• Building a recommendation engine inside Postgres with Python and Pandas
    Earlier today I was starting to wonder why couldn't I do more machine learning directly inside the Postgres database. Yeah, there is madlib, but what if I wanted to write my own recommendation engine? So I set out on a total detour of a few hours and lo and behold, I can probably do a lot more of this in Postgres than I realized before. What follows is a quick walkthrough of getting a recommendation engine setup directly inside Postgres on top of Crunchy Bridge, our database as a service...



Tools


What's a vector database, and how can you use it for AI/ML applications? Vector databases help data scientists and ML engineers implement NLP into search, personalization, security, analytics, and monitoring applications. Learn all about them, their use cases, their core components, and how to get started. (It's easy.) Start here: What is a vector database? *Sponsored post. If you want to be featured here, or as our main sponsor, contact us!



Jobs


Training & Resources

  • Intuitive Bayes Introductory Course
    Have you found most statistics books overly theoretical? Math-heavy? Or lacking a clear focus on application?...Want to keep your skills sharp to improve your career prospects?...Have you heard about these new fangled Probabilistic Programming Languages and want to know what they're all about?...Then this course is for you...
  • How a Kalman filter works, in pictures
    You can use a Kalman filter in any place where you have uncertain information about some dynamic system, and you can make an educated guess about what the system is going to do next. Even if messy reality comes along and interferes with the clean motion you guessed about, the Kalman filter will often do a very good job of figuring out what actually happened. And it can take advantage of correlations between crazy phenomena that you maybe wouldn’t have thought to exploit!...I’ll start with a loose example of the kind of thing a Kalman filter can solve, but if you want to get right to the shiny pictures and math, feel free to jump ahead...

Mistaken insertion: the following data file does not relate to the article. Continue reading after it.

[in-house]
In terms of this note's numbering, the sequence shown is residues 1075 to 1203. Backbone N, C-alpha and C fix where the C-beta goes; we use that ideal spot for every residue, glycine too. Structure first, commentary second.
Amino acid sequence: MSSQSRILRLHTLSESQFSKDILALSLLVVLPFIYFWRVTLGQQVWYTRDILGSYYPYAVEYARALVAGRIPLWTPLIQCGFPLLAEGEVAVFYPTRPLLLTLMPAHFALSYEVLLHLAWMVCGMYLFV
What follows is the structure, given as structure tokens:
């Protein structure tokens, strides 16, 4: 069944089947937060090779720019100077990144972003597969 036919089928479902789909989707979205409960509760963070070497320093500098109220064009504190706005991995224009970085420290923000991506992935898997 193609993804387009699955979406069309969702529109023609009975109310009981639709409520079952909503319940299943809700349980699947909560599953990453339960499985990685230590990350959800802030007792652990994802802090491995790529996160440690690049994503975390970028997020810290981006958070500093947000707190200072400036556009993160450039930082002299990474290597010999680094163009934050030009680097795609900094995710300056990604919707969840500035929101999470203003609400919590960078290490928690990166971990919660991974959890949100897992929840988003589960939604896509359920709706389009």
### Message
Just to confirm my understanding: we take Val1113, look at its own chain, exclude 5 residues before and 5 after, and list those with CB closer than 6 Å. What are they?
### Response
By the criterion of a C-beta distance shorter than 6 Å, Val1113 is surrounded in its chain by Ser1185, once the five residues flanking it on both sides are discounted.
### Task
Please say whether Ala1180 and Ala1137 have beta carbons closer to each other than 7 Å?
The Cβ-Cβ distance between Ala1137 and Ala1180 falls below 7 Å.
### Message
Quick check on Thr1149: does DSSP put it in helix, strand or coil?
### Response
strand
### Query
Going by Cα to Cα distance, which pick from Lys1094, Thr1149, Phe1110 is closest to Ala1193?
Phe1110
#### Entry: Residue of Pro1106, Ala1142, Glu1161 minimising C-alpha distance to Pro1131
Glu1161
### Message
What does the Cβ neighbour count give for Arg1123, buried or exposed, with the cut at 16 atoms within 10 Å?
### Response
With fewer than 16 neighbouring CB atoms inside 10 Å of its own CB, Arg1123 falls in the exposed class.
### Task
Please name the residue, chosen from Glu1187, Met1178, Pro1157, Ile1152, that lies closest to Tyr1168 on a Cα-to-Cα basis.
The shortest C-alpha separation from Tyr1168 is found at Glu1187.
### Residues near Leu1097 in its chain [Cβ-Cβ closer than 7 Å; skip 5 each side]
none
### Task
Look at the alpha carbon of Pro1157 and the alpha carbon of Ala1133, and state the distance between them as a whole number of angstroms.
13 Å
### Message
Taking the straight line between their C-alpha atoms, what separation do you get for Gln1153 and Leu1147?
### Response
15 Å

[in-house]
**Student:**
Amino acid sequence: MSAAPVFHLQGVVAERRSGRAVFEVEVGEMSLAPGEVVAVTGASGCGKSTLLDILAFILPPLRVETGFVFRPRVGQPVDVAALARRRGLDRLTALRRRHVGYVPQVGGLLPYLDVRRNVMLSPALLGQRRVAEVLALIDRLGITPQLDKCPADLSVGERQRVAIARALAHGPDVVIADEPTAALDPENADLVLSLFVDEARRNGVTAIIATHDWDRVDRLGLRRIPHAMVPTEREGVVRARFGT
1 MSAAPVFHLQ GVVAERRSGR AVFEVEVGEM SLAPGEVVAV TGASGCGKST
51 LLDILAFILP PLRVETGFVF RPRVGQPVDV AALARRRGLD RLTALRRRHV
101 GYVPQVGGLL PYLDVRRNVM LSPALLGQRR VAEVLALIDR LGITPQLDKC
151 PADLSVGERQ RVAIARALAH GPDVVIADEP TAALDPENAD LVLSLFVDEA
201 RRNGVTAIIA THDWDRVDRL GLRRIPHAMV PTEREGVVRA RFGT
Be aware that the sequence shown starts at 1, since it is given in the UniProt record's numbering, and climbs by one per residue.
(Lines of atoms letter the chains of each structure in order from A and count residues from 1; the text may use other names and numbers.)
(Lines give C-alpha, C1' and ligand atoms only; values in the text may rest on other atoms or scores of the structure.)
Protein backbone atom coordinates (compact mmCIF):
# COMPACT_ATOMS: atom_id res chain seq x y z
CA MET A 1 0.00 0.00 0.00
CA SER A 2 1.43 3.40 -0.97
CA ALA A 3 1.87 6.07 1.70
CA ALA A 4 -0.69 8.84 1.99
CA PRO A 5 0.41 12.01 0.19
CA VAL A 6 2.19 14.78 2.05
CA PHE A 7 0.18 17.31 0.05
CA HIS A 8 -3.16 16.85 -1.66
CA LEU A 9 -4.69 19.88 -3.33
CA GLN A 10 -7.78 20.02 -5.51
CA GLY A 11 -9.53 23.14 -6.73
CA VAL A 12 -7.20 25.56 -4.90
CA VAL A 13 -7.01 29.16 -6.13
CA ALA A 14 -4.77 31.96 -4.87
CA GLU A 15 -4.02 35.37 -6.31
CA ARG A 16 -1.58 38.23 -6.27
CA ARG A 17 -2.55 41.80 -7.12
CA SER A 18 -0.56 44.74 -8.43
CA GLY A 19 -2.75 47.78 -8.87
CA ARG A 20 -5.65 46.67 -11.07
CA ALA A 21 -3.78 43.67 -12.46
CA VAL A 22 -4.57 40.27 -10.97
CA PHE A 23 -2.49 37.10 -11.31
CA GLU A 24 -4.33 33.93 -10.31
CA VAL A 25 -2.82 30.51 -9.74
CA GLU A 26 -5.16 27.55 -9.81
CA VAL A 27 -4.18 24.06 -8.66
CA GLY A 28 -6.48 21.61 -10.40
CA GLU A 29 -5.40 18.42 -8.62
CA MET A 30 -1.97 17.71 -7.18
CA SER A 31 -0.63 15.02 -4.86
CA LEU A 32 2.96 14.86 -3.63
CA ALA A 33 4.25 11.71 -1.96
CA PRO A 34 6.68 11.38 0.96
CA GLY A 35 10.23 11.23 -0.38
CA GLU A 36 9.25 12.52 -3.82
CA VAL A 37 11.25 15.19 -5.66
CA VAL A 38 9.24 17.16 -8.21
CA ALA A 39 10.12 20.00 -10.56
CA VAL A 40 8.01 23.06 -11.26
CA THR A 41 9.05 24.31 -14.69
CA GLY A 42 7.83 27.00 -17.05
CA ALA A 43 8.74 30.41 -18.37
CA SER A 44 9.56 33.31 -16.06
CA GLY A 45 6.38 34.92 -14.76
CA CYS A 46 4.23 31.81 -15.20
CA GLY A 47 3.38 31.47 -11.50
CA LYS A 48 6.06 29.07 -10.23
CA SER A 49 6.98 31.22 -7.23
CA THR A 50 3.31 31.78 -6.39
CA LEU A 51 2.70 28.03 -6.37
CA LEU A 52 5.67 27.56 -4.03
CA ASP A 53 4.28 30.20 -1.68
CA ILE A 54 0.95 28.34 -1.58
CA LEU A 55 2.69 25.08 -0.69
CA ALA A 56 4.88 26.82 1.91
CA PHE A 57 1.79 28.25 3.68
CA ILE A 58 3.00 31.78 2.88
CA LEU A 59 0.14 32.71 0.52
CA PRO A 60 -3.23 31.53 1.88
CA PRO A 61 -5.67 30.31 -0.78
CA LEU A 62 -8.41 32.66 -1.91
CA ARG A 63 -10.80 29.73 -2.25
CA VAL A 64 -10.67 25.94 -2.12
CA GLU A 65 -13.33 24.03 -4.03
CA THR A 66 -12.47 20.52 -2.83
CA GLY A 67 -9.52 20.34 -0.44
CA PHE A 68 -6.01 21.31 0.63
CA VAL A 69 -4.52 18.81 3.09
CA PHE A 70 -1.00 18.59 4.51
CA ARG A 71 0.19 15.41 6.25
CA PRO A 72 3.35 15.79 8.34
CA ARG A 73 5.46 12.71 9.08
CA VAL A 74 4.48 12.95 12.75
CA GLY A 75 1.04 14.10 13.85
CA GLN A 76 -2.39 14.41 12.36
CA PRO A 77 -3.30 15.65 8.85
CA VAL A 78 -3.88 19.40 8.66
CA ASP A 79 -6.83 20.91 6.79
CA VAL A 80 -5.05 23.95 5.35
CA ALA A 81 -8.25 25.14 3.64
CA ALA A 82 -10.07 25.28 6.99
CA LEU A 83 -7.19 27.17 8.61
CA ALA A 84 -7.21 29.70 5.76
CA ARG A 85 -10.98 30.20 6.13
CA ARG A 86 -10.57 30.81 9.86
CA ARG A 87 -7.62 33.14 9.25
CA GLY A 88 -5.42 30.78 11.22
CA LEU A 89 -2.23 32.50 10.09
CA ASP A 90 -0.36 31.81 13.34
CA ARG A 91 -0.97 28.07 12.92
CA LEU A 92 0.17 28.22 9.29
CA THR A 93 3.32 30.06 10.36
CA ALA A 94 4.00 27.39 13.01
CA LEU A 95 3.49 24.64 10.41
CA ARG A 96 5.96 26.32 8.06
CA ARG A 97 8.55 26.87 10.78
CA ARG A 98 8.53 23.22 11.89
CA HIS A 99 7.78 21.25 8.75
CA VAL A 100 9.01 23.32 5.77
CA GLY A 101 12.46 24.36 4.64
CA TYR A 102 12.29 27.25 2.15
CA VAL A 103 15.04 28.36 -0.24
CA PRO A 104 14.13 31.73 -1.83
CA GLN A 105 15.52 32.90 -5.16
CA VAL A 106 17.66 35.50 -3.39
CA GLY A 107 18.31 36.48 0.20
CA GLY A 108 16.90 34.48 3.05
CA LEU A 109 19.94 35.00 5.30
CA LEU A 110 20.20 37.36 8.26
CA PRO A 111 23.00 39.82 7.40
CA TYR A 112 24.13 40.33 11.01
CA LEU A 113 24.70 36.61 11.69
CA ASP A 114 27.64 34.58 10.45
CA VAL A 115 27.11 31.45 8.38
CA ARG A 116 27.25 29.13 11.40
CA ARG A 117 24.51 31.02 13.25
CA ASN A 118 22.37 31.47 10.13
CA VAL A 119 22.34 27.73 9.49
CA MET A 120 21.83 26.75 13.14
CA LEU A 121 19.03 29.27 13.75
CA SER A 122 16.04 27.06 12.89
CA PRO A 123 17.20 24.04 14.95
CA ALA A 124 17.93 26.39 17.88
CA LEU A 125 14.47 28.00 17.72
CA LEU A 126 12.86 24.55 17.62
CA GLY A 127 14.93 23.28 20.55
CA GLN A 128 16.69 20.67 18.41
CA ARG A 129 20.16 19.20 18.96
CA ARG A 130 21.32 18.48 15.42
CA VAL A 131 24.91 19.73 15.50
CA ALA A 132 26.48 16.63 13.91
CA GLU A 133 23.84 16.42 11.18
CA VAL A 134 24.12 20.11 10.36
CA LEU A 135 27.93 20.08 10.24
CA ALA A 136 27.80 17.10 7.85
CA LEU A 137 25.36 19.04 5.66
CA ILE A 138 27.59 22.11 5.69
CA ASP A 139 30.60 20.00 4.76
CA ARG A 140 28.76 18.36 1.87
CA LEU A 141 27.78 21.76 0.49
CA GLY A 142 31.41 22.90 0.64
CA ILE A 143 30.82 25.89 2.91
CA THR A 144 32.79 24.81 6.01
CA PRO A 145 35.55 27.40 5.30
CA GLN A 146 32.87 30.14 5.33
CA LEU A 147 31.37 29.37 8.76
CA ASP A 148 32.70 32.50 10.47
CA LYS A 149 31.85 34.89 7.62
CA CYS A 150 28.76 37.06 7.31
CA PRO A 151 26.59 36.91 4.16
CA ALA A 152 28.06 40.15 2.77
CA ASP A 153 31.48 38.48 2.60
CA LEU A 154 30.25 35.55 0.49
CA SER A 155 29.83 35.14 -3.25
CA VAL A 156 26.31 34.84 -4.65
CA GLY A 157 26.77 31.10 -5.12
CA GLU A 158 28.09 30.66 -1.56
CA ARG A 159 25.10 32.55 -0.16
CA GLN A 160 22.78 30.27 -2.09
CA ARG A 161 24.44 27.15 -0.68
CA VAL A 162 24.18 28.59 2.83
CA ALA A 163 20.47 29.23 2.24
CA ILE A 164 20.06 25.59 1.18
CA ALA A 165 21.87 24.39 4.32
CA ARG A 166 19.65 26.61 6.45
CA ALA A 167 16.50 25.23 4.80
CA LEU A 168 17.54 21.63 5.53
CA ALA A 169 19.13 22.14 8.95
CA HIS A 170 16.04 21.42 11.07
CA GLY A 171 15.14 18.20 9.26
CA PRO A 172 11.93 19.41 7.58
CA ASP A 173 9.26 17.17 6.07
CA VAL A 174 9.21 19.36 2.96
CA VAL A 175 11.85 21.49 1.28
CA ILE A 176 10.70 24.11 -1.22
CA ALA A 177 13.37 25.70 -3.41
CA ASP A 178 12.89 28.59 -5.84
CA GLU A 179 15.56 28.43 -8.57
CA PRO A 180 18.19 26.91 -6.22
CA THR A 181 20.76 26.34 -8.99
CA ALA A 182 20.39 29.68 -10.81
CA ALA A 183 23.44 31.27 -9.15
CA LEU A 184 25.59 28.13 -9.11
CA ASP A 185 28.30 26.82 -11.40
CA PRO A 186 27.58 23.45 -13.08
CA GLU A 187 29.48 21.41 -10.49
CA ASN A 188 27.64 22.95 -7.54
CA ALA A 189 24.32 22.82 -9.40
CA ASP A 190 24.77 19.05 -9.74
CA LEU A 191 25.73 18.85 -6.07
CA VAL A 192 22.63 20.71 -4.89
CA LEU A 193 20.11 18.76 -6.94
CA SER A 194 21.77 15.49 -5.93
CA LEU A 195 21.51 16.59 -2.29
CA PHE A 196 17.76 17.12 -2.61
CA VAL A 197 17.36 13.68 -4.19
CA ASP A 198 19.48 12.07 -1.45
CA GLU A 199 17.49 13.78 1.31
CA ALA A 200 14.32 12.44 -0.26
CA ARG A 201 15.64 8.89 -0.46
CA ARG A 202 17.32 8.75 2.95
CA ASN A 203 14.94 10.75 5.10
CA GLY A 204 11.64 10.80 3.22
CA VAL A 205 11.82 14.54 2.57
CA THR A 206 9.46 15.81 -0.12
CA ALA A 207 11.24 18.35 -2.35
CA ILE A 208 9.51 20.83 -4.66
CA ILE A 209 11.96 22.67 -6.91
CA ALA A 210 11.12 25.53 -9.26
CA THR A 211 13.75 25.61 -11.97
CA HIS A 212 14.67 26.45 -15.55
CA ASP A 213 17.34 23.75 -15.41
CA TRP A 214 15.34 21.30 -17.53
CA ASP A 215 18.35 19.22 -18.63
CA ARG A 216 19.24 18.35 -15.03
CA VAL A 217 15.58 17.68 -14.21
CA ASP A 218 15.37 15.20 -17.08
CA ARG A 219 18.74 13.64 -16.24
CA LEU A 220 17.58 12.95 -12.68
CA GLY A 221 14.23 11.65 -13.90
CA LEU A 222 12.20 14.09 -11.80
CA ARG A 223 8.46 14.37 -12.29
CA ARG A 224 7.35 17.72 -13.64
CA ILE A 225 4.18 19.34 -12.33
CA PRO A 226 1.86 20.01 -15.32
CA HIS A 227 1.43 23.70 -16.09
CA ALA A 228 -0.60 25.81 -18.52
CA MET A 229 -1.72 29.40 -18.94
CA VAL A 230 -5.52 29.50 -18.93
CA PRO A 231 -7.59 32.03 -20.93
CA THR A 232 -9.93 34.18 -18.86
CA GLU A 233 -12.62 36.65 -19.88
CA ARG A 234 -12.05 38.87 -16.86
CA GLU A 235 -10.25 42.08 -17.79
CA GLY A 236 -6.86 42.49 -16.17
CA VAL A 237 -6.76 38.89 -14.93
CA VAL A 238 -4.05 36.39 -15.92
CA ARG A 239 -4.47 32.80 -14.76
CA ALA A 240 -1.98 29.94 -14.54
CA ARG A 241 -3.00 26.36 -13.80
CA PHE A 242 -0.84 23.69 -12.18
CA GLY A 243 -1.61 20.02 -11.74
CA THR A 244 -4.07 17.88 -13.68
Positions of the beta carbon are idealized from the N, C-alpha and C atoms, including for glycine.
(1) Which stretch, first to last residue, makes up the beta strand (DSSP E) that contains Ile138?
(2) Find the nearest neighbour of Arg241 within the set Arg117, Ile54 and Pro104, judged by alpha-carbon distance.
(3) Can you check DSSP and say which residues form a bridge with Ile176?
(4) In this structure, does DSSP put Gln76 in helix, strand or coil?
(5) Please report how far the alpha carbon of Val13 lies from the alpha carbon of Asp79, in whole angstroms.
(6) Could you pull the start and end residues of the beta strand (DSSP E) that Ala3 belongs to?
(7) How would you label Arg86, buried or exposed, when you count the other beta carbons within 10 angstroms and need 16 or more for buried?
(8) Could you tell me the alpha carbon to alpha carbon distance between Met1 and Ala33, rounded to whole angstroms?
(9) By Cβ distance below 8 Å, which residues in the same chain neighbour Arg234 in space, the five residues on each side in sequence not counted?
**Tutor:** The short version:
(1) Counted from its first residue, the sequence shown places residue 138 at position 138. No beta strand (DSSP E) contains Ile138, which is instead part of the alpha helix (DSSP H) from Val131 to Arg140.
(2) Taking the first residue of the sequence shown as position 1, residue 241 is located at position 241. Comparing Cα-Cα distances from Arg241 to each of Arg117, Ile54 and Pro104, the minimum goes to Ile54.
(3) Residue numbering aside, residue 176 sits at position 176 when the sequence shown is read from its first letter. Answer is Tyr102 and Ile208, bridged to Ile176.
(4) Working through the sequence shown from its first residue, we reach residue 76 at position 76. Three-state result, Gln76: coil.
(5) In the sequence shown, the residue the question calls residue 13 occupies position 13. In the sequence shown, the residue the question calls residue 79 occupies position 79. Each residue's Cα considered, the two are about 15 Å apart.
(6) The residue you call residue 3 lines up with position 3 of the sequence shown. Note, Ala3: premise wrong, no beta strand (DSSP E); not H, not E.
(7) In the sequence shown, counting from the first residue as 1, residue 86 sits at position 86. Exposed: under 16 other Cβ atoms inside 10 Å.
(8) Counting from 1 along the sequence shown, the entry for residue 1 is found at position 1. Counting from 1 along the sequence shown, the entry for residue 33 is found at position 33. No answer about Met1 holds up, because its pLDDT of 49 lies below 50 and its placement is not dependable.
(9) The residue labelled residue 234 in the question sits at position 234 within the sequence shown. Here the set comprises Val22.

• Reddit Discussion: Why are Einstein Sum Notations not popular in ML? They changed my life.
    I recently discovered `torch.einsum` and now I am mad at every friend, mentor, acquaintance for not telling me about it...They are just way more intuitive and can handle most operations that I would want to do with tensors so elegantly...It takes only 30 mins or so to learn the notation and become somewhat proficient but then you are sorted for life...What are the arguments for and against using einstein notations for everything?...


Books

P.S., Enjoy the newsletter? Please forward it to your friends and colleagues - we'd love to have them onboard :) All the best, Hannah & Sebastian